When the bidding started Saturday on a 6-month-old Kiger mustang filly fresh off the range, 91-year-old Bob Smith kept his yellow bidding card held high.

When he finally laid his card down, the crowd of about 500 people packing the grandstands at the Harney County Fairgrounds for the first Kiger mustang auction shook their heads in disbelief and clapped. Smith had agreed to pay a record $19,000 to adopt the wild horse of his dreams.

"Most wild horses are just that, feral horses," said Smith, a retired biologist for the U.S. Fish and Wildlife Service. "But these are the Spanish mustangs."

Back in 1971, when the Bureau of Land Management began rounding up wild horses to keep them from overgrazing public rangeland, many ranchers considered them no better than coyotes, to be shot on sight. But each year the buzz grew on those showing traits of the Sorraias, Andalusians and others that the Spanish brought to the New World in the 16th and 17th centuries--especially the Kigers, which make their home in the high desert of southeastern Oregon.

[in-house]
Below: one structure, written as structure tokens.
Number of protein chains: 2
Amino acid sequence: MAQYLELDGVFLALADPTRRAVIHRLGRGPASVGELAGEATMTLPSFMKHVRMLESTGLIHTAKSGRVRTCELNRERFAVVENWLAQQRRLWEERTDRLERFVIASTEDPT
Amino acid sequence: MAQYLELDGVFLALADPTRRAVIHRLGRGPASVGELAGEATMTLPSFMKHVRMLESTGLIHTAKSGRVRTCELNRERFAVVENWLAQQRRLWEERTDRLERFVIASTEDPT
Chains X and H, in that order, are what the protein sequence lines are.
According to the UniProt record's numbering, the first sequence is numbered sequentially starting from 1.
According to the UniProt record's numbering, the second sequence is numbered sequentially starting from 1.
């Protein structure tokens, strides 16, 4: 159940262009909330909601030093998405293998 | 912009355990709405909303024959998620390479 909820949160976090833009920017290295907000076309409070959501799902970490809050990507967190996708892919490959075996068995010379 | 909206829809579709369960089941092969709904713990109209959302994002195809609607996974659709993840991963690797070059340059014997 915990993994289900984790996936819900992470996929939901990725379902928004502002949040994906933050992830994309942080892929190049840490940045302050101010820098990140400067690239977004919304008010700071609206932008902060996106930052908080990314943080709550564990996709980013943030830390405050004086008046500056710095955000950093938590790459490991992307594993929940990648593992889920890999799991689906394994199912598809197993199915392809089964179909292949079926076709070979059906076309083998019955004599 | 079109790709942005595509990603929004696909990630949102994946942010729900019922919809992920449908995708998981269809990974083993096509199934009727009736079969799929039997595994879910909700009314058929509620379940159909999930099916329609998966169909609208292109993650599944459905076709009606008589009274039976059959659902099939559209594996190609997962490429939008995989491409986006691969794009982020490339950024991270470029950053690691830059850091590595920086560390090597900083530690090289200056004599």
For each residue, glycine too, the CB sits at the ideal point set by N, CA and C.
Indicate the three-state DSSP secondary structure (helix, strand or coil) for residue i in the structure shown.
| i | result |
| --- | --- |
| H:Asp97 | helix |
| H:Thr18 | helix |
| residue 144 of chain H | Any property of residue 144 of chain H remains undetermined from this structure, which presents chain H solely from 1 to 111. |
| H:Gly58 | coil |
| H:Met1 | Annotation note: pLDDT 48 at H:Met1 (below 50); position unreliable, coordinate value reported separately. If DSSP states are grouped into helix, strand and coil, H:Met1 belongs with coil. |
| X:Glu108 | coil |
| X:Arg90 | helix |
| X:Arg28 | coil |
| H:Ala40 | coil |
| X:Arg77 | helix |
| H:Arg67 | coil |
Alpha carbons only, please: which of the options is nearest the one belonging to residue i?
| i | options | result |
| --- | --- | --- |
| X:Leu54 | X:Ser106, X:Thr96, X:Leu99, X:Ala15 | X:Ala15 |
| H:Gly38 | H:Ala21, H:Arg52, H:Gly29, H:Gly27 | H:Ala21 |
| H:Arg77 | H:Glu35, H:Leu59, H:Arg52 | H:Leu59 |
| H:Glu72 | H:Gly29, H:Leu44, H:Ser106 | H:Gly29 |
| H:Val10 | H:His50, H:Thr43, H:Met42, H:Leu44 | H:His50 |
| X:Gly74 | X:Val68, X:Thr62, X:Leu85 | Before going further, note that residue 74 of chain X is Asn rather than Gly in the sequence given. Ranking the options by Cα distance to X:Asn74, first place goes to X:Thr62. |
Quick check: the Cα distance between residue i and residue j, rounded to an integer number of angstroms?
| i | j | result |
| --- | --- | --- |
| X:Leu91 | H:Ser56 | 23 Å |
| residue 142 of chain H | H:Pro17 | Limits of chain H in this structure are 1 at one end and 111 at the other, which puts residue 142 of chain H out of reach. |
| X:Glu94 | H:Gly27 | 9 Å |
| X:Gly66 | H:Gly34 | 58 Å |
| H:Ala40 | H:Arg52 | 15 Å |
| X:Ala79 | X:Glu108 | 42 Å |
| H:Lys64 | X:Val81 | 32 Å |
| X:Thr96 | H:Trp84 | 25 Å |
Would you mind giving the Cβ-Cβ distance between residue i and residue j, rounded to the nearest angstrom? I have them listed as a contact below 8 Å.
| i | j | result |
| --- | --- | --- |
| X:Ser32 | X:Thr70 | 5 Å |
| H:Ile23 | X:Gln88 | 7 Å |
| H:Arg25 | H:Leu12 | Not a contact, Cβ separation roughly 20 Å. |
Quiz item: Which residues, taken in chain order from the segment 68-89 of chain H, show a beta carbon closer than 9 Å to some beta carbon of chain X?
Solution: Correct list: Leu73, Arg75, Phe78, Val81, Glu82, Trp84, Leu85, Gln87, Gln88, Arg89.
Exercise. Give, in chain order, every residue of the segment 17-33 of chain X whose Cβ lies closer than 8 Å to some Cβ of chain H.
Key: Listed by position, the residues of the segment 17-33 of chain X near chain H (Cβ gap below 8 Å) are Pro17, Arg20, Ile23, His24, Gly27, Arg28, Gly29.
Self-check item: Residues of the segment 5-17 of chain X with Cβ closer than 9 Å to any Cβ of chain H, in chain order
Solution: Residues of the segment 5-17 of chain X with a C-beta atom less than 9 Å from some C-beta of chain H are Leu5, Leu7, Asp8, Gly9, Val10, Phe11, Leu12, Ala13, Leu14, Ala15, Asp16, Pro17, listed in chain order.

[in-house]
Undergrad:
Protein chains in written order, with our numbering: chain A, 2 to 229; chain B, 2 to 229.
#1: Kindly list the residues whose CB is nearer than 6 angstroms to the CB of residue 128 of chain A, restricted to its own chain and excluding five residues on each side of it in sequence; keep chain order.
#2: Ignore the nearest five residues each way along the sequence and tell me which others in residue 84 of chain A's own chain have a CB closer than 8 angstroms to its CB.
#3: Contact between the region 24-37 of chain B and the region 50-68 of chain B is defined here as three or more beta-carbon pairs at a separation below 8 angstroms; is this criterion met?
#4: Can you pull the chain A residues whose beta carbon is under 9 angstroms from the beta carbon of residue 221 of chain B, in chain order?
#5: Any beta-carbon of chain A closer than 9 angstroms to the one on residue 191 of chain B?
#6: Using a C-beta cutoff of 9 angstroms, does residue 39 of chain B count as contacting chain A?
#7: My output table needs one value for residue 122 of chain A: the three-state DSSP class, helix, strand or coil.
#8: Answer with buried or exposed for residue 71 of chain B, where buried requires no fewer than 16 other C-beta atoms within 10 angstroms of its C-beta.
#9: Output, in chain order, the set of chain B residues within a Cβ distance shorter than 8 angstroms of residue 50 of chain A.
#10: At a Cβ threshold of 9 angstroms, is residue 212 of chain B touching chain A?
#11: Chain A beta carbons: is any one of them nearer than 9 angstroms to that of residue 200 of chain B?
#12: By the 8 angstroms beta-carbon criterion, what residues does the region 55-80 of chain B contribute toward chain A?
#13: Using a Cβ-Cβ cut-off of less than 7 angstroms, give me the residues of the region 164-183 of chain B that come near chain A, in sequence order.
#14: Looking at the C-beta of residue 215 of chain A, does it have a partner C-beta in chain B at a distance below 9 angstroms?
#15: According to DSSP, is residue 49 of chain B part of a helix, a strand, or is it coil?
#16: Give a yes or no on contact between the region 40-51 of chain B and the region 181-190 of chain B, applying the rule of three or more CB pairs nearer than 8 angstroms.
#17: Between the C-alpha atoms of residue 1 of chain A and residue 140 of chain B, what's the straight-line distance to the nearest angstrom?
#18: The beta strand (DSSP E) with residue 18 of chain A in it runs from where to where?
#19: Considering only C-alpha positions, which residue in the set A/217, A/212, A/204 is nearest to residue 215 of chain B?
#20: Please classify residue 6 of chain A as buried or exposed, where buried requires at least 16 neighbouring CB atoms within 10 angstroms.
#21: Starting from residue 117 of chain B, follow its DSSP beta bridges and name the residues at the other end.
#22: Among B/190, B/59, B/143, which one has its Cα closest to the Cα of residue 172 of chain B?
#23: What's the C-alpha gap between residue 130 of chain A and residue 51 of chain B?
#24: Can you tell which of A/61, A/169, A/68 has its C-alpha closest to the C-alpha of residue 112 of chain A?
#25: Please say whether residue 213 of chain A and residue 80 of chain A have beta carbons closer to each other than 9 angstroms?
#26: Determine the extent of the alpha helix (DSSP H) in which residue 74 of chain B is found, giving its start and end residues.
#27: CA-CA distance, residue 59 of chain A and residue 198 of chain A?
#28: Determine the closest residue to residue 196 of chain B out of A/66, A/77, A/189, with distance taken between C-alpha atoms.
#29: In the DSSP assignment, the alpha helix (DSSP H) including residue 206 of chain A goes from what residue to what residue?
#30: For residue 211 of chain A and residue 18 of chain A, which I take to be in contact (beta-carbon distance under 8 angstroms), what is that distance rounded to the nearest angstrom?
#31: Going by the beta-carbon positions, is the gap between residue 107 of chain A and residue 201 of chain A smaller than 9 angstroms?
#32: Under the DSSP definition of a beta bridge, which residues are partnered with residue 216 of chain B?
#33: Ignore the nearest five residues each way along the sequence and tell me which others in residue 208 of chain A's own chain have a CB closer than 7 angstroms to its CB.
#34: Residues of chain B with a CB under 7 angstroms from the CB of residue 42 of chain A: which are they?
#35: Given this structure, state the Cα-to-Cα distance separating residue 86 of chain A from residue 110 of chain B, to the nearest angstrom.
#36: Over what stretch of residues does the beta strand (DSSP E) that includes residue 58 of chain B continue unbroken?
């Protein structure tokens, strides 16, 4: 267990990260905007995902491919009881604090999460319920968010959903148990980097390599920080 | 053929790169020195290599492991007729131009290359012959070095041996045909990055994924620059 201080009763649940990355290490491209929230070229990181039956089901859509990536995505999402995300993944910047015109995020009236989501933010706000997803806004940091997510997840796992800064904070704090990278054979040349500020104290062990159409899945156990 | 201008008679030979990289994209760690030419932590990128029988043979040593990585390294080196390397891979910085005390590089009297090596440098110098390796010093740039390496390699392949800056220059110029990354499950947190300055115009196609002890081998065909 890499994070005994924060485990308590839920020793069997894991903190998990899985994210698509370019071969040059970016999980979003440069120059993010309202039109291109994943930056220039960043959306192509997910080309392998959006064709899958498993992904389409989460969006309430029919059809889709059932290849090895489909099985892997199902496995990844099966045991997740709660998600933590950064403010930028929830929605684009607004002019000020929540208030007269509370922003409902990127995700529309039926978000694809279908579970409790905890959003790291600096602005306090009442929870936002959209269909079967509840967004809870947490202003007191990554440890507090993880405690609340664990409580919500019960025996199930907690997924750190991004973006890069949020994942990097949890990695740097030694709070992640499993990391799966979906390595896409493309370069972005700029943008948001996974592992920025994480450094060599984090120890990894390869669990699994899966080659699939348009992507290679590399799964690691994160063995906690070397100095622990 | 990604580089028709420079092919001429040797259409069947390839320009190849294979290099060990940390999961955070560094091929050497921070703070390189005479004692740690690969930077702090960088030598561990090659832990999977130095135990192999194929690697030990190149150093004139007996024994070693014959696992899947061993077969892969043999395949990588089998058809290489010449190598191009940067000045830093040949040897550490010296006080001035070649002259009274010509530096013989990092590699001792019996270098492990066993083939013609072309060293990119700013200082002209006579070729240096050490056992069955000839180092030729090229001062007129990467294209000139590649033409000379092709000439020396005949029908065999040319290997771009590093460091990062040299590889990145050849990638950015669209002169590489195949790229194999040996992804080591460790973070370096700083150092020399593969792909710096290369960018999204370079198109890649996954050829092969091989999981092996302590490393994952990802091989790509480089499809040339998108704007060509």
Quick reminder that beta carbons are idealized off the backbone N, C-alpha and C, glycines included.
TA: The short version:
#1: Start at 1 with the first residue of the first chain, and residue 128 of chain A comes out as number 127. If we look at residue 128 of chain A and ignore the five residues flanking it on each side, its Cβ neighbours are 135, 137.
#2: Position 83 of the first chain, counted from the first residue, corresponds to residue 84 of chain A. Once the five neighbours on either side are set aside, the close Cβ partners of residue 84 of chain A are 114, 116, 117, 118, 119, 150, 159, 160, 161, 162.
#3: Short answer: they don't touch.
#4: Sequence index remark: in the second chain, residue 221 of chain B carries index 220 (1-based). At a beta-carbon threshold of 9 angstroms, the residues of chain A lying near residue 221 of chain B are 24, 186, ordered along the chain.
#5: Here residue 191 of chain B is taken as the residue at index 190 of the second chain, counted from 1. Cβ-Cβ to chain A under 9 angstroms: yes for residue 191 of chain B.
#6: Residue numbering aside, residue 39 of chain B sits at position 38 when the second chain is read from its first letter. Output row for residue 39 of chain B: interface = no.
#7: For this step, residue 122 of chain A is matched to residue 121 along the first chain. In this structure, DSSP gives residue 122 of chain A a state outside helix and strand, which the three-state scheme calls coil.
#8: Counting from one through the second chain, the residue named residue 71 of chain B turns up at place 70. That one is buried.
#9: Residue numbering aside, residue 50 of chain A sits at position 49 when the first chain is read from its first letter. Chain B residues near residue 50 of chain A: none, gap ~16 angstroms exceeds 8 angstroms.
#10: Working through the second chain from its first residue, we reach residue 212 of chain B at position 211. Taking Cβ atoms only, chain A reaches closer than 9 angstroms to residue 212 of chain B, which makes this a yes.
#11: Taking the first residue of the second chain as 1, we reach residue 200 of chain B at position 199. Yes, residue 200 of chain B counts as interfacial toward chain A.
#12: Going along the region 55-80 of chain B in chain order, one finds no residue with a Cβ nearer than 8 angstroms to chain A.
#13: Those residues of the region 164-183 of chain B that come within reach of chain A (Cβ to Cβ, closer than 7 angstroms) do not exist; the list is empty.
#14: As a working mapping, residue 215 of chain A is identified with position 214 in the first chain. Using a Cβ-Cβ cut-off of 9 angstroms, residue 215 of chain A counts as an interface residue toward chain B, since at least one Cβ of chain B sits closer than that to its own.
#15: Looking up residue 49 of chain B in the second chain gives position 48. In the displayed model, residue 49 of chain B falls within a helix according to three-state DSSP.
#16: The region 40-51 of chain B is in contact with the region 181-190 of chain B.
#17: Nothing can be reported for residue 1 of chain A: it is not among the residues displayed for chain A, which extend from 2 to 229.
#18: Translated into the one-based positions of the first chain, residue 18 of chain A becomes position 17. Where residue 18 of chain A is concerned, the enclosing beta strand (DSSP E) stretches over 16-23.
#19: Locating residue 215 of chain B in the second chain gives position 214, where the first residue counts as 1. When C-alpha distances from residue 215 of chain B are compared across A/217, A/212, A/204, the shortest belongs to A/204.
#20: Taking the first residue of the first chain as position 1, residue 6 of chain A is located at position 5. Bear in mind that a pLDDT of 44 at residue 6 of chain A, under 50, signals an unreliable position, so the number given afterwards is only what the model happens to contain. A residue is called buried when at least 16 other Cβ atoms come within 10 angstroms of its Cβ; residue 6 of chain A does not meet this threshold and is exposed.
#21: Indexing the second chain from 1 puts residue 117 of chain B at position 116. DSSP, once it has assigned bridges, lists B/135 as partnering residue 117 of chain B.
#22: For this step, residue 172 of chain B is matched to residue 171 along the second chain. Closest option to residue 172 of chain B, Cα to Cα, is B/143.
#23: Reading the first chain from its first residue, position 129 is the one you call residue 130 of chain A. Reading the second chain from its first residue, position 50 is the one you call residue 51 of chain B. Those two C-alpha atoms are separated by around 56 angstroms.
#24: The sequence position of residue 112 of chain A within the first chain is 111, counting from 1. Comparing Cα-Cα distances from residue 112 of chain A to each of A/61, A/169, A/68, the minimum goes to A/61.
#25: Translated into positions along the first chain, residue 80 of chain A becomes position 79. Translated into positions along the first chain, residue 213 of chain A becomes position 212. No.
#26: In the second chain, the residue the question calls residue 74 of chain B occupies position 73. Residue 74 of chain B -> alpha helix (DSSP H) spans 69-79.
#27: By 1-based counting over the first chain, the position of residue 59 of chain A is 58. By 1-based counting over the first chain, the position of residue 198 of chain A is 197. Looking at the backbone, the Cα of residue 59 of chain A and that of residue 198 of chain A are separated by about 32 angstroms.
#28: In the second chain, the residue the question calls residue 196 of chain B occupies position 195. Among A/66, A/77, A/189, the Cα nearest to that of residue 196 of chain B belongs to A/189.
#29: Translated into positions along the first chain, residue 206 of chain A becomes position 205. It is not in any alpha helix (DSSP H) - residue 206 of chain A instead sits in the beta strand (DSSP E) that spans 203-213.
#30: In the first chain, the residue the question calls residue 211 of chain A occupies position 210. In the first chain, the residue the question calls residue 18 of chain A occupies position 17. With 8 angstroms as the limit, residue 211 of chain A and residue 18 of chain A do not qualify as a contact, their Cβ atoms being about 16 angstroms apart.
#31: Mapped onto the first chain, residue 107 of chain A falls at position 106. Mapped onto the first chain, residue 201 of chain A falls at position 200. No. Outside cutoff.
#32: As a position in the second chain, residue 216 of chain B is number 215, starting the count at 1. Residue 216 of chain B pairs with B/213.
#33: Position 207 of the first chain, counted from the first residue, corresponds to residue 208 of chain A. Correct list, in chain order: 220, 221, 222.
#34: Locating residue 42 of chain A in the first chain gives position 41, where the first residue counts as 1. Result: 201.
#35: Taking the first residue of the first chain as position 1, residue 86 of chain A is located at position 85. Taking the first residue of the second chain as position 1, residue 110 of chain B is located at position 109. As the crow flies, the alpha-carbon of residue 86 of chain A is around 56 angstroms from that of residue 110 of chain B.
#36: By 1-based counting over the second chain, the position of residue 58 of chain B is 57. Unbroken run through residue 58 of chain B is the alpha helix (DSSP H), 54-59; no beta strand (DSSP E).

With demand growing, BLM two years ago abandoned the lotteries held to award adoption picks, and the $125 fee, in favor of competitive bidding. Because the Kigers are rounded up only every three years, this was the first time they could be adopted by auction.

The price Smith paid doesn't approach the $50,000 that Stephen Spielberg's Dreamworks studio purportedly paid a breeder for a ranch-bred Kiger stud that will serve as the model for the upcoming animated motion picture "Spirit." But it easily doubled anything paid at a BLM wild horse auction.

The next highest at Saturday's auction was a 2-year-old filly for $2,500.

"It's unreal, isn't it?" said Mack Isley of Pasco, Wash., the president of the Kiger Musteno Association. "It looks like some people are finally beginning to realize the value of these horses. It isn't just the Kiger. It's all wild horses."

The most sought-after Kigers have zebra striping on their legs, a dorsal stripe down the back, fine muzzles, eyes wide apart, and hooked ears with dark outlines and tufts of hair at the bottom.

CAPTION: A 6-month-old wild Kiger filly runs with other mustangs in a Bureau of Land Management corral in Burns, Ore.